Middle Eastern hoteliers are researching and fine-tuning new ways to transform health and spa services to serve the luxury-focused hospitality category, seeking to boost revenue and profits as international travel rebounds from the pandemic.
At the Future Hospitality Summit in Riyadh, Saudi Arabia, Ruben Toral, director of health and wellness at Bangkok-based business consulting firm Quo Global, said spas once only represented wellness but now are synonymous with lifestyle. The consideration now, he said, is how to turn such a broad concept “into a product that is smaller and more targeted, and then sell it to a population of consumers that is small and demanding.”
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CBRE Investment Management completed its acquisition of the Halo office property in Bristol, England, from Tesco Pension Fund for a 5.61% net initial yield, which translates to a price around £73 million in a bellwether transaction for United Kingdom regional offices.
Tesco Pension Fund appointed brokerage Savills to market the landmark, multi-tenant property in Bristol’s city center at the beginning of the year for what was then expected to be a sale price around £70.3 million for a 5.75% net initial yield. There was competitive bidding for the property, according to multiple bidders, underscoring the divergence between high quality, sustainable space and offices considered secondary in preference among investors.
Analysts said France’s hospitality industry has the wind in its sails in the run-up to key sporting events including the 2024 Olympic Summer Games and this fall’s Rugby World Cup, both taking place largely in the Paris region.
Events planned throughout France are expected to elevate hotels’ already steady recovery from the pandemic. “During the COVID-19 pandemic, French hoteliers suffered greatly from the closure of their establishments, but they received a great deal of support from the state, landlords and bankers,” said Sami Mendil, head of investment properties and senior director at brokerage CBRE Hotels.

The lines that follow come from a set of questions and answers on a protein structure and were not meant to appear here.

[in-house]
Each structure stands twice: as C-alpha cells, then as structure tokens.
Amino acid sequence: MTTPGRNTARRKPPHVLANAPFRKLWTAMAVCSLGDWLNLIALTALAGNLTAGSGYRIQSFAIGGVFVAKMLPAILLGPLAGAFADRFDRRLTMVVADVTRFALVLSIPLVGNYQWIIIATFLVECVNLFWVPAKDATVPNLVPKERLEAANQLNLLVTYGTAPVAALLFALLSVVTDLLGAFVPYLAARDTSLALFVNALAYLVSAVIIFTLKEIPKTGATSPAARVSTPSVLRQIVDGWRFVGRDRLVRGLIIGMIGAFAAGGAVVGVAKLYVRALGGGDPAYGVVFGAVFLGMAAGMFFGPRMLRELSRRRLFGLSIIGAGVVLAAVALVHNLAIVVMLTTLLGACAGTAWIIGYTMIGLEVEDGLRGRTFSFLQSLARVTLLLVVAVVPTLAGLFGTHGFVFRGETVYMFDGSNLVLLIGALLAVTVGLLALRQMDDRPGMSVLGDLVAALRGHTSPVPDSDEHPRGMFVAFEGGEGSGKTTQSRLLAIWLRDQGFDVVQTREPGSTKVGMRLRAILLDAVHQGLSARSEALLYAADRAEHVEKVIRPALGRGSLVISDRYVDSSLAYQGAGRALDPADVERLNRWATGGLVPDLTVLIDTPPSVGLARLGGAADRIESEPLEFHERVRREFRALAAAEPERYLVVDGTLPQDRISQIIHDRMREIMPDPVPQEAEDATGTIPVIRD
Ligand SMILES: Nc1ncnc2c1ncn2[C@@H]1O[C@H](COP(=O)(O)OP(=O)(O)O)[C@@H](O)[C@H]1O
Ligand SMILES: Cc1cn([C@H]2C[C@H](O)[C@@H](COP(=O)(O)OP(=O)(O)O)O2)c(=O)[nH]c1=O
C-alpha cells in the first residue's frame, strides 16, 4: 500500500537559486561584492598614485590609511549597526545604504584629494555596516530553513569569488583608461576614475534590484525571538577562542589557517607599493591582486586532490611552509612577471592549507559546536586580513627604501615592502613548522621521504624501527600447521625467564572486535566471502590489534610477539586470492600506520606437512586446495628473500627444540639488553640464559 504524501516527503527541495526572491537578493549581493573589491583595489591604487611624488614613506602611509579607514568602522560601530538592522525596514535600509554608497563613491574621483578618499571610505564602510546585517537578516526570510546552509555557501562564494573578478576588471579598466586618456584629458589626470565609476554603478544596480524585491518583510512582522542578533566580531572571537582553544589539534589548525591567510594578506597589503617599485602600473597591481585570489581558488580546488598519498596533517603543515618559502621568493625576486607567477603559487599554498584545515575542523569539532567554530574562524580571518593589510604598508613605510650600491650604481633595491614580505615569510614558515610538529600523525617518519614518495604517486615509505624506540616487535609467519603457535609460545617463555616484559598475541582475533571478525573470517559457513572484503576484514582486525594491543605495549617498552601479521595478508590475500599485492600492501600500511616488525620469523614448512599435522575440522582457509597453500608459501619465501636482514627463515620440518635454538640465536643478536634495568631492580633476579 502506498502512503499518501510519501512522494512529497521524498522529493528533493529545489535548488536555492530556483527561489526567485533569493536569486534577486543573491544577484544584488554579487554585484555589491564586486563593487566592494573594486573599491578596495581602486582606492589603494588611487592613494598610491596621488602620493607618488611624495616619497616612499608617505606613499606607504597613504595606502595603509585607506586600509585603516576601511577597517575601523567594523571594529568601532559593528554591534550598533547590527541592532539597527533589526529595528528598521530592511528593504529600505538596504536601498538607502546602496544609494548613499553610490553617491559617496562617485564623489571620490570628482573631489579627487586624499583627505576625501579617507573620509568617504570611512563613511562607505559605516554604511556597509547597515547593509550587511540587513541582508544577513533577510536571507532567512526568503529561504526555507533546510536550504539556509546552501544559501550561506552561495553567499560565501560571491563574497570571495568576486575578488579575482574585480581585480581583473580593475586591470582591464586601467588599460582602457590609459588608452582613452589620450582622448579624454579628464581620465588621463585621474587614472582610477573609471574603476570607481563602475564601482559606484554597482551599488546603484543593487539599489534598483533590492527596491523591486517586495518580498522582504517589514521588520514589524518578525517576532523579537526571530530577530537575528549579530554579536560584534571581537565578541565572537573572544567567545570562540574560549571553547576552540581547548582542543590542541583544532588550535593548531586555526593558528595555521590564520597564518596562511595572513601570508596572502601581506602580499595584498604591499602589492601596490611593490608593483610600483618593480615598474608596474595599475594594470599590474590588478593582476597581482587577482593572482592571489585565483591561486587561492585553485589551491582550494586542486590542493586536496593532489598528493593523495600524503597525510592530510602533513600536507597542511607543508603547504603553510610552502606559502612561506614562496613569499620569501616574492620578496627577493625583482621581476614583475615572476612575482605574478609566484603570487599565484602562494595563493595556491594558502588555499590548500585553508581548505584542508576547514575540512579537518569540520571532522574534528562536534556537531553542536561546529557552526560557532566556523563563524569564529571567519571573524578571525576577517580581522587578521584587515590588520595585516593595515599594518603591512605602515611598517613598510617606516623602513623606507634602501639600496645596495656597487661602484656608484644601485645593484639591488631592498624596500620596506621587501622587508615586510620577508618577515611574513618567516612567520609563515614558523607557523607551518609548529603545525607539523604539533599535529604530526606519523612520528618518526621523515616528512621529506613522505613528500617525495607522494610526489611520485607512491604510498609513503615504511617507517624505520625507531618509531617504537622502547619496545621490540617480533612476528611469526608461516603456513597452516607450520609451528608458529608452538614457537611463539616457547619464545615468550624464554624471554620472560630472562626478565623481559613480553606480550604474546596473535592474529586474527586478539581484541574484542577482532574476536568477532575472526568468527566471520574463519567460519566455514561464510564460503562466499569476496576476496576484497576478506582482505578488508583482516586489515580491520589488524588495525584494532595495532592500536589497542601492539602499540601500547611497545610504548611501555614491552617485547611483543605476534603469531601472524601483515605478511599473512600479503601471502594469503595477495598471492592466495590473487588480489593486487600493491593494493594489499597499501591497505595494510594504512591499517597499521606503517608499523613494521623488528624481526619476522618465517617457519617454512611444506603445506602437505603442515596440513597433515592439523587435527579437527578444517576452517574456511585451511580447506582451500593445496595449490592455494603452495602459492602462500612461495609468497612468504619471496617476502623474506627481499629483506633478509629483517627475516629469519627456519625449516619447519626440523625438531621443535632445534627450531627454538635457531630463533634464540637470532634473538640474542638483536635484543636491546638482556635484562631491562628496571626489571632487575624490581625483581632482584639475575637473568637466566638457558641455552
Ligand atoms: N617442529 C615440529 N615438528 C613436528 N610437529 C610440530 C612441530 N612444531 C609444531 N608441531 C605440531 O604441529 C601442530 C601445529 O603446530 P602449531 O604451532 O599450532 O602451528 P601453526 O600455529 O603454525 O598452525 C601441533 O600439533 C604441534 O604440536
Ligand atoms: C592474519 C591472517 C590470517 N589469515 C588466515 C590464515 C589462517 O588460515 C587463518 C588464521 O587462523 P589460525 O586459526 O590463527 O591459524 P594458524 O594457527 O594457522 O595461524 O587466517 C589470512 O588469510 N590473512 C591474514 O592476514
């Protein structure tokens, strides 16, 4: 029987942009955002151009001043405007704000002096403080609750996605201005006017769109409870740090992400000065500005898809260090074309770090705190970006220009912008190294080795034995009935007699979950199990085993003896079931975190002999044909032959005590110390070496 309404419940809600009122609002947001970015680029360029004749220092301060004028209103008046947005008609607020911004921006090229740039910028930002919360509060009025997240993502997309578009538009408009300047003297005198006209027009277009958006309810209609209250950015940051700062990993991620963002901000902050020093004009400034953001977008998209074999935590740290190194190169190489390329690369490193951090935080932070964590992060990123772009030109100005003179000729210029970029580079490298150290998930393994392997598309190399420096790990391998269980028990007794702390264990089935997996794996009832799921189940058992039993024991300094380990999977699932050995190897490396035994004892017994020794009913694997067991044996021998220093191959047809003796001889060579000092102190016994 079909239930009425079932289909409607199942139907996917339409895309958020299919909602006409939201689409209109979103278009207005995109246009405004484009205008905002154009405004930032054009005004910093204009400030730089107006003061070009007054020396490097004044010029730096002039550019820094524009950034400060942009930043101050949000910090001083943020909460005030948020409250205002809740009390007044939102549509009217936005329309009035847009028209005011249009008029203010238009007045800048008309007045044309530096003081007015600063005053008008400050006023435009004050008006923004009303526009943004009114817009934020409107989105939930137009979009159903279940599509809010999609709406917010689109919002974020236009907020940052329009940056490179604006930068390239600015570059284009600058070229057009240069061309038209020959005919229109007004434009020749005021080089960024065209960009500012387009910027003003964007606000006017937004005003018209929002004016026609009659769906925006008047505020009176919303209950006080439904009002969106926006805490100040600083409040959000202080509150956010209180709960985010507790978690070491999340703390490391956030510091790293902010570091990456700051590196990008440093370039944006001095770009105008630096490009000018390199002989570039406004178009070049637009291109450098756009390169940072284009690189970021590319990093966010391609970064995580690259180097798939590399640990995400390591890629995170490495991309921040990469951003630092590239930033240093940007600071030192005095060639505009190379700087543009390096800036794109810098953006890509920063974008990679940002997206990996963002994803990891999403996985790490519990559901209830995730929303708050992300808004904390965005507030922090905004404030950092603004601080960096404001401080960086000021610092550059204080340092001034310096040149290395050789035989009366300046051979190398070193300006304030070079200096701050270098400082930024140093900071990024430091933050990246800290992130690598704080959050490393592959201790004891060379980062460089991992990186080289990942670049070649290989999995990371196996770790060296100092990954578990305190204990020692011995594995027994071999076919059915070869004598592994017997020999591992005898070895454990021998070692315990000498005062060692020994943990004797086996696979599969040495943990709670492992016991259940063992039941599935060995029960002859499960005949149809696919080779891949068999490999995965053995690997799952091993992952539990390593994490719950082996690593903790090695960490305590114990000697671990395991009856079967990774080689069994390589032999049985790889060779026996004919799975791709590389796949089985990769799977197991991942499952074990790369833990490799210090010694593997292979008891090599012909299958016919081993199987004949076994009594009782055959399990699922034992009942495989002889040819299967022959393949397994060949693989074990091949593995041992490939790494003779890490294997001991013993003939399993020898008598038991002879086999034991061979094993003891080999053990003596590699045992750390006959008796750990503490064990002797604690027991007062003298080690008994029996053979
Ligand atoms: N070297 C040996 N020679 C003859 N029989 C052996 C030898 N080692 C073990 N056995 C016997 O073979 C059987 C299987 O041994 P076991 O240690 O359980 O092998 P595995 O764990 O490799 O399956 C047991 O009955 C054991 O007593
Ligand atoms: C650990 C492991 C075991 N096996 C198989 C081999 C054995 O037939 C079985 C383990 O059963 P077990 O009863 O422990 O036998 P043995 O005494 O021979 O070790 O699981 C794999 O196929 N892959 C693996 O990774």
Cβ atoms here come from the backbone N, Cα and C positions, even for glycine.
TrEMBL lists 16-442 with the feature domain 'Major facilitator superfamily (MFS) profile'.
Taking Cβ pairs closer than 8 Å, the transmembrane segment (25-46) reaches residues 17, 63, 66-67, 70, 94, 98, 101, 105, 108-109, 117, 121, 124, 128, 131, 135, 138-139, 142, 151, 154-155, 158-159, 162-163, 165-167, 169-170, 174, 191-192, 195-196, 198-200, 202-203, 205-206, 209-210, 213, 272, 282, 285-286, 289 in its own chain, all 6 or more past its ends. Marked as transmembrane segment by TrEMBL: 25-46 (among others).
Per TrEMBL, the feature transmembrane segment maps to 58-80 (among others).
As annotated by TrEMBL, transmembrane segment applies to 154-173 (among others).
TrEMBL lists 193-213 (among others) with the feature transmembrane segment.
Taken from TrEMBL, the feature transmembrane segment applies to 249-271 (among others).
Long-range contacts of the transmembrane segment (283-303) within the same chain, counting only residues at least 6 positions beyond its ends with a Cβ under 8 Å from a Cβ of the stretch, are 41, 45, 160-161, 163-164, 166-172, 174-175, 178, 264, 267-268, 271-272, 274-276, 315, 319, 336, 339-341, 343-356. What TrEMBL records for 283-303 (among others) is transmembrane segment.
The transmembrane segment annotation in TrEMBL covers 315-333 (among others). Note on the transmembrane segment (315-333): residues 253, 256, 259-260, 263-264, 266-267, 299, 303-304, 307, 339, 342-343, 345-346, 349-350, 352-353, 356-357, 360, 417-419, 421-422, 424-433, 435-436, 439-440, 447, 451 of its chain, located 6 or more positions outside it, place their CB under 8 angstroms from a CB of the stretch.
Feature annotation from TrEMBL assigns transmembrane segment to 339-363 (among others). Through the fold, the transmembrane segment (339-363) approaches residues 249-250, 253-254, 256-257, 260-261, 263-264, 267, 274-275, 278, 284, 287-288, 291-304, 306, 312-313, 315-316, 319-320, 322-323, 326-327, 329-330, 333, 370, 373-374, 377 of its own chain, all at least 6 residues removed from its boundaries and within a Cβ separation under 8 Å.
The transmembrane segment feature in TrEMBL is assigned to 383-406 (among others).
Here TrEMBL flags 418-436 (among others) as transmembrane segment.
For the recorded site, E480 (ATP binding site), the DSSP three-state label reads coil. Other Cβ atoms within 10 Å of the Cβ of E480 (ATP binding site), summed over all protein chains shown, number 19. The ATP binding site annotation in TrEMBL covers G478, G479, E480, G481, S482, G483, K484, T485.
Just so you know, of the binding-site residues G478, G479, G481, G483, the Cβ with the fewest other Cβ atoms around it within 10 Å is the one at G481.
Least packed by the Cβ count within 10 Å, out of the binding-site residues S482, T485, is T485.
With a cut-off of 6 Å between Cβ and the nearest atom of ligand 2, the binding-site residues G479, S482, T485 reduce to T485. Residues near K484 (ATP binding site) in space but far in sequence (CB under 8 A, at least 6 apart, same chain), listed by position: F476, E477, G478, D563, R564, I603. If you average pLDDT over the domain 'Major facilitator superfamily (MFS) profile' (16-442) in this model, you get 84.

Innsbruck, Austria-based developer Signa plans to build two skyscrapers on the current Karstadt site at Kurfürstendamm 231 in Berlin, with plans calling for a mix of uses including office, retail and hotel space.
Set for completion in 2029, the tower project will be designed by Danish firm Henning Larsen Architects and is planned to span 134,000 square meters, with 5,000 square meters of residential space. Signa originally wanted to create more overall space but ran into political resistance.
Montreal apartment dweller Carla White has risen to unlikely public prominence by refusing offers to move from a building that its owner seeks to demolish to build an apartment tower.
Developer Mondev and its architectural firm ACDF spent many months advancing through a grueling permit process required to build a downtown Montreal residential tower at the southwest corner of St. Catherine and St. Hubert streets. Now that Mondev has finally received municipal approval, the project is being stalled as White refuses Mondev’s offers to move out from the dilapidated 260-square-foot apartment unit with $400 monthly rent.
Silicon Valley tech giant Apple is reported to be kicking off its most extensive retail expansion to date with plans to revamp locations in the United States and overseas.
Apple is finalizing plans to open, relocate or remodel up to 50 stores over the next four years in a bid to freshen up its retail brand more than two decades after debuting its first retail outpost. With more than 520 stores in 26 countries, the strategy underpins the company’s commitment to invest heavily in its real estate even as tech firms look to cut costs elsewhere. A typical suburban mall Apple store is able to generate about $40 million annually in sales, according to company regulatory filings.
This report was compiled from CoStar’s news publications in the United States, United Kingdom, Canada, France and Germany.